Little-known tax breaks could save you moneyPosted: Updated:
PHOENIX -- In these tough economic times, everyone could use some extra cash.
3 On Your Side is revealing some little-known tax breaks that could make you money.
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When I started looking into taxes, I came across some pretty exciting news that I think could and will affect a lot of Arizona residents.
First, let's talk about the housing market and how one tax benefit could help folks who had to do what's called a "short sale."
Now, a "short sale" is when your mortgage company allows you to sell your home for less than what you owe.
For example, if you owe $300,000, but you sold your home for $250,000, then that $50,000 difference would normally be counted as income and you would have to pay federal taxes on it.
But because of the housing crisis, Uncle Sam is cutting you a break.
"That's old law so the new law is that if there is a debt that is forgiven, you don't have to add it into your income," said Bill Brunson, who is with the Internal Revenue Service in Phoenix.
Brunson said when it comes to the tax code there are other benefits to help you out.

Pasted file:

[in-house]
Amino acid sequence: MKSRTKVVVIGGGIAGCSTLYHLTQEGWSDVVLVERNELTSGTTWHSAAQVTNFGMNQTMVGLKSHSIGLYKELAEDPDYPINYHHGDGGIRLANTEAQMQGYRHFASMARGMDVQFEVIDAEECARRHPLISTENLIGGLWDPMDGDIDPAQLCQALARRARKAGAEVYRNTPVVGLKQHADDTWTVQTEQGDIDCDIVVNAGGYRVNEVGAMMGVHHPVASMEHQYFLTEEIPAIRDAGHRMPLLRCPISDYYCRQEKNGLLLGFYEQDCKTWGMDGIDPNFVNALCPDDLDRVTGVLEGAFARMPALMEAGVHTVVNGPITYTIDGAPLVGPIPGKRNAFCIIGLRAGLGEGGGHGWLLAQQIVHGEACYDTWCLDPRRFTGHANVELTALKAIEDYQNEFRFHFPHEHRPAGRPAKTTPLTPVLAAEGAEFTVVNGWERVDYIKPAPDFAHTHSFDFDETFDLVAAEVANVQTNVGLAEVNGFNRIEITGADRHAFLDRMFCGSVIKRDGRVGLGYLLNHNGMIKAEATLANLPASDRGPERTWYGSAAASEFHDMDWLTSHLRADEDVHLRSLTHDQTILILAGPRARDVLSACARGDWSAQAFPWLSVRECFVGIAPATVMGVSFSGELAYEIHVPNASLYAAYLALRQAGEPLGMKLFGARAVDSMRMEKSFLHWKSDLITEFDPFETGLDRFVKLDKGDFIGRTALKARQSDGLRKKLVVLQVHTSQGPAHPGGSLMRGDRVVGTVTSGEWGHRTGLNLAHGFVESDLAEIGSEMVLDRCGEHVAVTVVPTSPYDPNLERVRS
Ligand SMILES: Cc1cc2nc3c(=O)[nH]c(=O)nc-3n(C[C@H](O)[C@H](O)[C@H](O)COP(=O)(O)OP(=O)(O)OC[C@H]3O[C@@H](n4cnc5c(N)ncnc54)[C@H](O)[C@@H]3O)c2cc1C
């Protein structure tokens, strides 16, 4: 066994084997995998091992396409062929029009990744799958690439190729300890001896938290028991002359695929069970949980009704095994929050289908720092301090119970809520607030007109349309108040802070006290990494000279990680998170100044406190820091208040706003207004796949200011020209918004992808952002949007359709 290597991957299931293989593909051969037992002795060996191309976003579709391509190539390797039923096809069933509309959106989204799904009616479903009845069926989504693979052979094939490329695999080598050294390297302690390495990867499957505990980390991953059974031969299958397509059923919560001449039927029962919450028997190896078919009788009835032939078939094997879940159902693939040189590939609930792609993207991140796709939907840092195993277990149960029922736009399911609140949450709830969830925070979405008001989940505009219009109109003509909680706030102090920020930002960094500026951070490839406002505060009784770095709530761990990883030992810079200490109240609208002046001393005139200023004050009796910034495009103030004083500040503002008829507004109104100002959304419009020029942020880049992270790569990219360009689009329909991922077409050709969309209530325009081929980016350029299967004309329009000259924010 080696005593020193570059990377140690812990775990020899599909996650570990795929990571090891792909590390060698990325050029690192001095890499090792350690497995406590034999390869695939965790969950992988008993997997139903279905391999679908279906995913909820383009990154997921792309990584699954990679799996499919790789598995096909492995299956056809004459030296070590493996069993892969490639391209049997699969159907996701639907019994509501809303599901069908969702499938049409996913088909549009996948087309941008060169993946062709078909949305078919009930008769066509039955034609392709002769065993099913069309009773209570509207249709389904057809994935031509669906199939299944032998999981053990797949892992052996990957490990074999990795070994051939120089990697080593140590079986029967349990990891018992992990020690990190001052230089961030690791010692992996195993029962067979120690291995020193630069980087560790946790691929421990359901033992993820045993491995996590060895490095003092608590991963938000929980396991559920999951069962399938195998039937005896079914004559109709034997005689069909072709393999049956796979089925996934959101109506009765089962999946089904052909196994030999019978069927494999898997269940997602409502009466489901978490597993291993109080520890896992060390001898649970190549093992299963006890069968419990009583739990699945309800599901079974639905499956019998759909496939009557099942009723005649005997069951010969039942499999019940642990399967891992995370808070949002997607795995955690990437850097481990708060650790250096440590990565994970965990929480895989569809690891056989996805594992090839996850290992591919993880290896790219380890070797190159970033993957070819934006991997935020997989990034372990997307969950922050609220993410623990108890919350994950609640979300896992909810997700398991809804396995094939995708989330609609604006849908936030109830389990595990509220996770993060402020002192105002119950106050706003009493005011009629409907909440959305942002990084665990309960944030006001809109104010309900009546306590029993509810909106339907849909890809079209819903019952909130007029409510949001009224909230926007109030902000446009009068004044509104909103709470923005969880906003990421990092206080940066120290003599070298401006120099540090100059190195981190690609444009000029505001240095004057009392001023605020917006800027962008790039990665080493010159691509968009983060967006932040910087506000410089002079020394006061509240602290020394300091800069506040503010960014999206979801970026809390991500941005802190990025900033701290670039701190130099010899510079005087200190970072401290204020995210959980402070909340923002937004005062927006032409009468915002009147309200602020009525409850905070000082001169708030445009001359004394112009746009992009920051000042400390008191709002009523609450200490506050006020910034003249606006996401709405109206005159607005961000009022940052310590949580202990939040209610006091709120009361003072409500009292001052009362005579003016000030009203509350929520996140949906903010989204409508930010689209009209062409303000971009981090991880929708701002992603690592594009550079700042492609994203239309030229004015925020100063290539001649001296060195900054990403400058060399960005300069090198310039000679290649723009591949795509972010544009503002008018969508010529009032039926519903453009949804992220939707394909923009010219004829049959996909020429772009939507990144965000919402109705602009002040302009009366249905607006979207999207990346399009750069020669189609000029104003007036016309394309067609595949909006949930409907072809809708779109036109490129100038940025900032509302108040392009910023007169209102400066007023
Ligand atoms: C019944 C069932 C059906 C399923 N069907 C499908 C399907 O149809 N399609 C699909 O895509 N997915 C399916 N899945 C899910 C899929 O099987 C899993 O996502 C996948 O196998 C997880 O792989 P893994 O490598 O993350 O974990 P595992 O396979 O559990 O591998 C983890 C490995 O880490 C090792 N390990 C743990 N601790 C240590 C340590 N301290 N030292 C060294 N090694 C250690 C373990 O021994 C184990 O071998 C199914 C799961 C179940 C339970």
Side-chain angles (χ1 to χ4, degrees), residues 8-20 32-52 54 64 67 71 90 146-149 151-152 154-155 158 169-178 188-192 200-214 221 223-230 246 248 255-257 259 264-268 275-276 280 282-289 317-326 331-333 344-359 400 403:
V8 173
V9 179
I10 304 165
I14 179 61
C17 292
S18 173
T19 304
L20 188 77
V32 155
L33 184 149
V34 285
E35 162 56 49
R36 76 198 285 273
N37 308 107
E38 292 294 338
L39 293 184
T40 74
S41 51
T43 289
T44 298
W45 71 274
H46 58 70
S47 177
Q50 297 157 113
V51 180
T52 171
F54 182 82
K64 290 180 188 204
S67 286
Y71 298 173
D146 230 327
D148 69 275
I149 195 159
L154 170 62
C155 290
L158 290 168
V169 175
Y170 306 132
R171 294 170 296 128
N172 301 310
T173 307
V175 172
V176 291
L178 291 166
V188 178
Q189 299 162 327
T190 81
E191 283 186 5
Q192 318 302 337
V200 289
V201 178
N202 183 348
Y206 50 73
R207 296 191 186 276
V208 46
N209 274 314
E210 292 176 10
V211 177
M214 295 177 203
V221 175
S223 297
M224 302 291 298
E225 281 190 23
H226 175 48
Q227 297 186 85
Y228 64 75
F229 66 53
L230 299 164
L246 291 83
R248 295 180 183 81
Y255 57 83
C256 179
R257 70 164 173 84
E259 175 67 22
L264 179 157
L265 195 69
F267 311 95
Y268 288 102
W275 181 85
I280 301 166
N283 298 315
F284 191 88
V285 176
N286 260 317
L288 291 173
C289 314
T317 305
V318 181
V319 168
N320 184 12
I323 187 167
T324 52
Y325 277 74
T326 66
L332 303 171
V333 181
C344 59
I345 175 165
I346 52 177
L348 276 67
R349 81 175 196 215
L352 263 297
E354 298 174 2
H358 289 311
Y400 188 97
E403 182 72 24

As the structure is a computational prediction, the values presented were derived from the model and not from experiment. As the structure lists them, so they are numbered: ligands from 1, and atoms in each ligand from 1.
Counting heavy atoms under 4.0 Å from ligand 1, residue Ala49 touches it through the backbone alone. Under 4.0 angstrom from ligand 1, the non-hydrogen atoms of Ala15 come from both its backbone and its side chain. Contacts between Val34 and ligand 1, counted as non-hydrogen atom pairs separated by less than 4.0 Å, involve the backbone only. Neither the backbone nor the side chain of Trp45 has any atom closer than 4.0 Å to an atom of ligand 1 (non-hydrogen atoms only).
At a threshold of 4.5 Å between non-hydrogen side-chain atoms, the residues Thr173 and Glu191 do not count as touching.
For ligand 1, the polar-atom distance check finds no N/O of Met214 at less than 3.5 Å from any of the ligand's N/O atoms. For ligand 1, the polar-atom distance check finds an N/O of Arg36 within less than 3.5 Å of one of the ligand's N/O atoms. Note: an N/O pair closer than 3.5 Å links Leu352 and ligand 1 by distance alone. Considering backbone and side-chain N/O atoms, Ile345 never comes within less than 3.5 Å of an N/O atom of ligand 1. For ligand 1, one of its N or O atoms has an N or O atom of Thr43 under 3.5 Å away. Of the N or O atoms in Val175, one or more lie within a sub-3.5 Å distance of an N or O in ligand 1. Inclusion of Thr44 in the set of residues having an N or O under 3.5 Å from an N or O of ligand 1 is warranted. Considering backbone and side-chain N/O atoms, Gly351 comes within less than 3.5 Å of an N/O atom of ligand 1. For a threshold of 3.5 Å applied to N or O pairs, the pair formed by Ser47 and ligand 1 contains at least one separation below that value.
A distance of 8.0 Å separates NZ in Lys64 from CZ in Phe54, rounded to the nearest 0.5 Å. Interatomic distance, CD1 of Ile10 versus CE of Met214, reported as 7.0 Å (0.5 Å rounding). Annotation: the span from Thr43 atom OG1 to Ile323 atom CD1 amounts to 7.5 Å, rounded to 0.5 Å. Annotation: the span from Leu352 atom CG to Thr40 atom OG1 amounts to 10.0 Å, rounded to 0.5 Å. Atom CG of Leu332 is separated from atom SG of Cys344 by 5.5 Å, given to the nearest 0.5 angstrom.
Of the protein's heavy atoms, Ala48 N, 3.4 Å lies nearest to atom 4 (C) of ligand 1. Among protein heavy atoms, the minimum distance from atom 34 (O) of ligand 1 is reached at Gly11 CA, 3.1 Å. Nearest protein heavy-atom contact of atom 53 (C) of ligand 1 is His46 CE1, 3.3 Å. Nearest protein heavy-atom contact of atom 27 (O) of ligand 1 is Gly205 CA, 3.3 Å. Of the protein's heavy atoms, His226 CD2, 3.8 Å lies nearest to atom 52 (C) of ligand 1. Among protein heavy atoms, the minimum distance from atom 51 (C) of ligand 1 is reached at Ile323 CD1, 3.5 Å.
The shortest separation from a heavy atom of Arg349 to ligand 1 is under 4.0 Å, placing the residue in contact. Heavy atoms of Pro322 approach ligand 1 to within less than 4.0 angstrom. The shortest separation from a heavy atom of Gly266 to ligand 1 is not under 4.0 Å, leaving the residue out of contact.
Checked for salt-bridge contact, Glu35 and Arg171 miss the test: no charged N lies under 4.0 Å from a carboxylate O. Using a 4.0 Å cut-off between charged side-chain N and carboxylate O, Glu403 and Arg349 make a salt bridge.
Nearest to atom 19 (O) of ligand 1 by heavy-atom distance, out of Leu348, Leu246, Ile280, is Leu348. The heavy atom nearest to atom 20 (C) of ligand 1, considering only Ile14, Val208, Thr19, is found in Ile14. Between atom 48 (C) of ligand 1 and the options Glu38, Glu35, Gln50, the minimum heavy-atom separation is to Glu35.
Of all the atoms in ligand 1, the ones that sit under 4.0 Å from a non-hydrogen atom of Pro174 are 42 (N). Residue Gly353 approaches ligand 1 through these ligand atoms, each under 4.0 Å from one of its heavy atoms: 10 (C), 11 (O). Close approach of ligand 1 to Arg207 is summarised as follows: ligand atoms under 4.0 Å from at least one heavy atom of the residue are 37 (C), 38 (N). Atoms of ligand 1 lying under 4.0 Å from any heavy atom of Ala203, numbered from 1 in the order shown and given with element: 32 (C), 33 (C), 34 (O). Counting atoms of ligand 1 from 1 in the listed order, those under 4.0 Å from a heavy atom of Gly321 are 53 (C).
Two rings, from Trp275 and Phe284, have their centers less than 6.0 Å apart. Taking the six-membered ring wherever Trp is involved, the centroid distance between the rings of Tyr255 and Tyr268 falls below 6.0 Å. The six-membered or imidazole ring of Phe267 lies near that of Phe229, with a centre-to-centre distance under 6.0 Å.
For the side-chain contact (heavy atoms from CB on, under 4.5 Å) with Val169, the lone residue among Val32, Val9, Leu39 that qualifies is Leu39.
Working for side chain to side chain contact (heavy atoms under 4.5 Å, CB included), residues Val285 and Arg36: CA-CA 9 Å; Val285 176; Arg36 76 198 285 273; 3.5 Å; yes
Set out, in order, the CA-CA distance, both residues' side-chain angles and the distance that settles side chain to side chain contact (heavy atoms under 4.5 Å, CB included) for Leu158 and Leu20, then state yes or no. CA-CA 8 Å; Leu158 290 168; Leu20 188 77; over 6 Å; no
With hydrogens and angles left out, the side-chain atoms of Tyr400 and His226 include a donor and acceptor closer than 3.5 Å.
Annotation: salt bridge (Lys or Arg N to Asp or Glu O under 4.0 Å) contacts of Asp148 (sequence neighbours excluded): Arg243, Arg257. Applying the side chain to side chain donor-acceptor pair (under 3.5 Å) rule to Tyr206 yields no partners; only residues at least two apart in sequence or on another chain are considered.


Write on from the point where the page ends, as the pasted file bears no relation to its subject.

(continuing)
For example, there's something called the First-Time Home Buyer Tax Credit. Basically, the federal government will loan first-time homebuyers $7,500 to use any way they want.
The loan is interest free and the only stipulation is that you pay back $500 a year for 15 years.
A lot of first-time homebuyers sure could use an extra $7,500.
"There is no specific requirement as to what you need to do with that money," Brunson said. "It's an item available to first-time homebuyers as an incentive."
The federal government hopes the incentive eliminates the number of homes on the market.
If real estate isn't your bag, how about getting paid to ride your bike to work?
"The IRS is going green," Brunson said.
Starting next month, if you ride your bike to work, your employer just may pay you an extra $20 a month as an incentive to cut down on driving.
As a result, your employer will enjoy a $20 a month tax cut.
"The employer would pay you $20 a month for the upkeep, maintenance of the bicycle to come to work every day," Brunson said.